But like an Apollo Theater audience unhappy with an entertainer's routine, union leaders and their supporters in Congress are lashing Bush with a chorus of boos.
The latest Capitol Hill protest came yesterday from five senators -- Democrats Daniel K. Akaka (Hawaii), Edward M. Kennedy (Mass.), Barbara A. Mikulski (Md.), Patrick J. Leahy (Vt.) and Independent Democrat Joseph I. Lieberman (Conn.) -- who told Bush: "We strongly urge you to withdraw your recent Executive Order excluding thousands of federal employees from the Federal Labor-Management Relations Program and rescinding their collective bargaining rights."
In a letter to the big boss-in-chief, the senators dumped on the administration's view that bargaining rights for the affected workers cannot be applied, as the order said, "in a manner consistent with national security requirements and considerations."
The senators find that reasoning weak and hard to stomach.
"We reject the view that union membership undermines a worker's ability to effectively perform his or her job functions, particularly in regard to national security issues," the senators complained. "Unionized employees serve with great distinction in a range of national and homeland security positions."
The order targeted about 8,600 employees in the Energy, Homeland Security, Justice, Transportation and Treasury departments. But the only ones affected were nearly 1,000 Bureau of Alcohol, Tobacco, Firearms and Explosives (ATF) staffers who were protected by collective bargaining agreements.
Bush's skill at making things disappear is so great that the union rights had been zapped for six days before the employees even knew about it. The executive order was issued on Nov. 26, but ATF didn't notify its workers until Dec. 2, the day after the White House issued a news release.
Colleen M. Kelley, national president of the National Treasury Employees Union, which represents ATF workers whose rights have vanished, said she found out about it from a reporter.
"It's pretty appalling to treat employees . . . that way," Kelley said. "To strip them of their collective bargaining rights and not even have the decency to tell them or their representatives, that kind of speaks volumes to the way this administration treats employees and has been treating employees for eight years."
The notion that bargaining rights suddenly are inconsistent with national security concerns begs for something more than the curt language in the order.
That's what House Majority Leader Steny H. Hoyer (D-Md.), who has a good bunch of federal workers in his suburban Maryland district, asked for in a Friday letter to Attorney General Michael B. Mukasey.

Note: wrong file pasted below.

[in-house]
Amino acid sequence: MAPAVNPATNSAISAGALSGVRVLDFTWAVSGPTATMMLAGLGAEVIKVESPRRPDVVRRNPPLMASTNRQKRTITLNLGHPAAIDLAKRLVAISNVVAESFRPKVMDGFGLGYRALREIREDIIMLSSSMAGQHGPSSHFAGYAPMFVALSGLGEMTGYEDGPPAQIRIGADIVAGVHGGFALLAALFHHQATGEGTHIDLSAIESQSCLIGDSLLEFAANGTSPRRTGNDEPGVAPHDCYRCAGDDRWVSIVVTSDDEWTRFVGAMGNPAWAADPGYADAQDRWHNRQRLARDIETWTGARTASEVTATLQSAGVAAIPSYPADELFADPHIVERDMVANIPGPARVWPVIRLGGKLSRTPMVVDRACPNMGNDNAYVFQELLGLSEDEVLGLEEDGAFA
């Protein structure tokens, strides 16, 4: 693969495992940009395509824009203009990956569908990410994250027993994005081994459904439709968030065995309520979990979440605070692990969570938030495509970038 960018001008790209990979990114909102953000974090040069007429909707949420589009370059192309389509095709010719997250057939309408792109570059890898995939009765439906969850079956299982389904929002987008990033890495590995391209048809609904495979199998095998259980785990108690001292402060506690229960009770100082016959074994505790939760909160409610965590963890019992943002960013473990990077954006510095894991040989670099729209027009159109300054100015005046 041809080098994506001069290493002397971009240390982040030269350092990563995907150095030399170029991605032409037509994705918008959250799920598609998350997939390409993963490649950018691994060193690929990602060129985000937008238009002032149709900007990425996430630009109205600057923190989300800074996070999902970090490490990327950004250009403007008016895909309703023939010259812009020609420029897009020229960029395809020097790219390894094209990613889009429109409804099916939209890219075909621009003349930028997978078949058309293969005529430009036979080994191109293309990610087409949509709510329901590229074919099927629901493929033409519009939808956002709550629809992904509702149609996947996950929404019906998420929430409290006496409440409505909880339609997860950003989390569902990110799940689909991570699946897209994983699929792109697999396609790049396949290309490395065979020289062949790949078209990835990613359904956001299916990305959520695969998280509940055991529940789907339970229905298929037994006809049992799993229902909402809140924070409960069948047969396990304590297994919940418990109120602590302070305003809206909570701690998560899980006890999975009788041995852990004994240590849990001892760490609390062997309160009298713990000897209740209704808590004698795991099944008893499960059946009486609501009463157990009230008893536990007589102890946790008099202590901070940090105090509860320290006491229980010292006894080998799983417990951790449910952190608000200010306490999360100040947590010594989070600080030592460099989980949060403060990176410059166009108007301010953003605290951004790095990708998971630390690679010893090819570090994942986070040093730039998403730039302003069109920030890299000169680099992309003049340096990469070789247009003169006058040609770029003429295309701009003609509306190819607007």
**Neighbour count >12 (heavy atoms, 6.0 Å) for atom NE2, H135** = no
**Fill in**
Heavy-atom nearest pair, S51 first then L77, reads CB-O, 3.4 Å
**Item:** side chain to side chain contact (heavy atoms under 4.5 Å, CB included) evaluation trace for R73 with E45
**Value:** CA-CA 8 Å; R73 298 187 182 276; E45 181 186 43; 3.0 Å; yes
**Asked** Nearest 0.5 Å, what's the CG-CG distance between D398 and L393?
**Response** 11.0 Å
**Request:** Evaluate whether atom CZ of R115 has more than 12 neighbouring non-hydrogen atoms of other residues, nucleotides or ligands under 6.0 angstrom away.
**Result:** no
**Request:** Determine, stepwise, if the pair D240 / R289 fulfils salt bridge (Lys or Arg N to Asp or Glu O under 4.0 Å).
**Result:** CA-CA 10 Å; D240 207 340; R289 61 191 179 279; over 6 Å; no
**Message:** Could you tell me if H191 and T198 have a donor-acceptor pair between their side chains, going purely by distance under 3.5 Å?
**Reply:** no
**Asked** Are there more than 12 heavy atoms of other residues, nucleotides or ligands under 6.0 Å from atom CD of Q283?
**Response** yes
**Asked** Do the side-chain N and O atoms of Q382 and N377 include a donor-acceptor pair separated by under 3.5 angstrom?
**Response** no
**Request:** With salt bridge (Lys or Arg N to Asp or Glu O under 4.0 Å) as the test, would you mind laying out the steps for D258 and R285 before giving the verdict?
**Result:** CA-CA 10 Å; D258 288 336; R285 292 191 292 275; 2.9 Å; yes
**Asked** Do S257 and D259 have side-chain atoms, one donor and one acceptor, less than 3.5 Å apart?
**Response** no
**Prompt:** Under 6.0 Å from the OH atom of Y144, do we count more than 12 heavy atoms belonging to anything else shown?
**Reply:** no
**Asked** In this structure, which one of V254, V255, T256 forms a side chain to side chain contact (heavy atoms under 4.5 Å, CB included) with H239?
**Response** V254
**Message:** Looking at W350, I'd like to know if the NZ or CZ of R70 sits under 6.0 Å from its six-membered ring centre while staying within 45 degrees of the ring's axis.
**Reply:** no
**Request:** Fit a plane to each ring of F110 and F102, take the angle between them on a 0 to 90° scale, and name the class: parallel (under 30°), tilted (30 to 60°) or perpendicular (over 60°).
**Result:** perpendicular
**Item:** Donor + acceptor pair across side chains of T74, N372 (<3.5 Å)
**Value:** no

"Why," he wants to know, "after more than 30 years of collective bargaining, the administration moved to rescind the collective bargaining rights of ATF employees whose duties and functions remain unchanged."
Another point: If the national security reasons really are so important, why didn't the administration raise them when it last negotiated with the union in April? "Not once did they ever raise a question," Kelley said.
For union leaders, it's more evidence of an administration that does not like unions.
"It is amazing to us," said Mark Roth, general counsel of the American Federation of Government Employees, "that seven years and 11-plus months into this administration, as the door is literally hitting the lame duck on the tail feathers of his rump, he has enough squawk in him to take one last parting shot at federal labor organizations with an anti-union executive order while the economy burns, two wars are ongoing and he is otherwise viewed generally as irrelevant."
The executive order can be found at: http://www.whitehouse.gov/news/releases/2008/12/20081201-7.html
Health Benefit Revisions
Health insurance companies for federal employees had until yesterday to submit revised proposals for non-emergency surgery benefits by out-of-network doctors to the Office of Personnel Management. OPM and the companies will discuss the changes and adjustments should be announced soon. OPM asked for the revisions following pressure from the House subcommittee on the federal workforce, postal service and the District of Columbia. After outraged federal employees complained, the panel held a hearing last week on a plan by Blue Cross/Blue Shield to change its fee structure for the benefit.
Employees also will be able to change their insurance selections through the end of January, even though open season officially ended yesterday.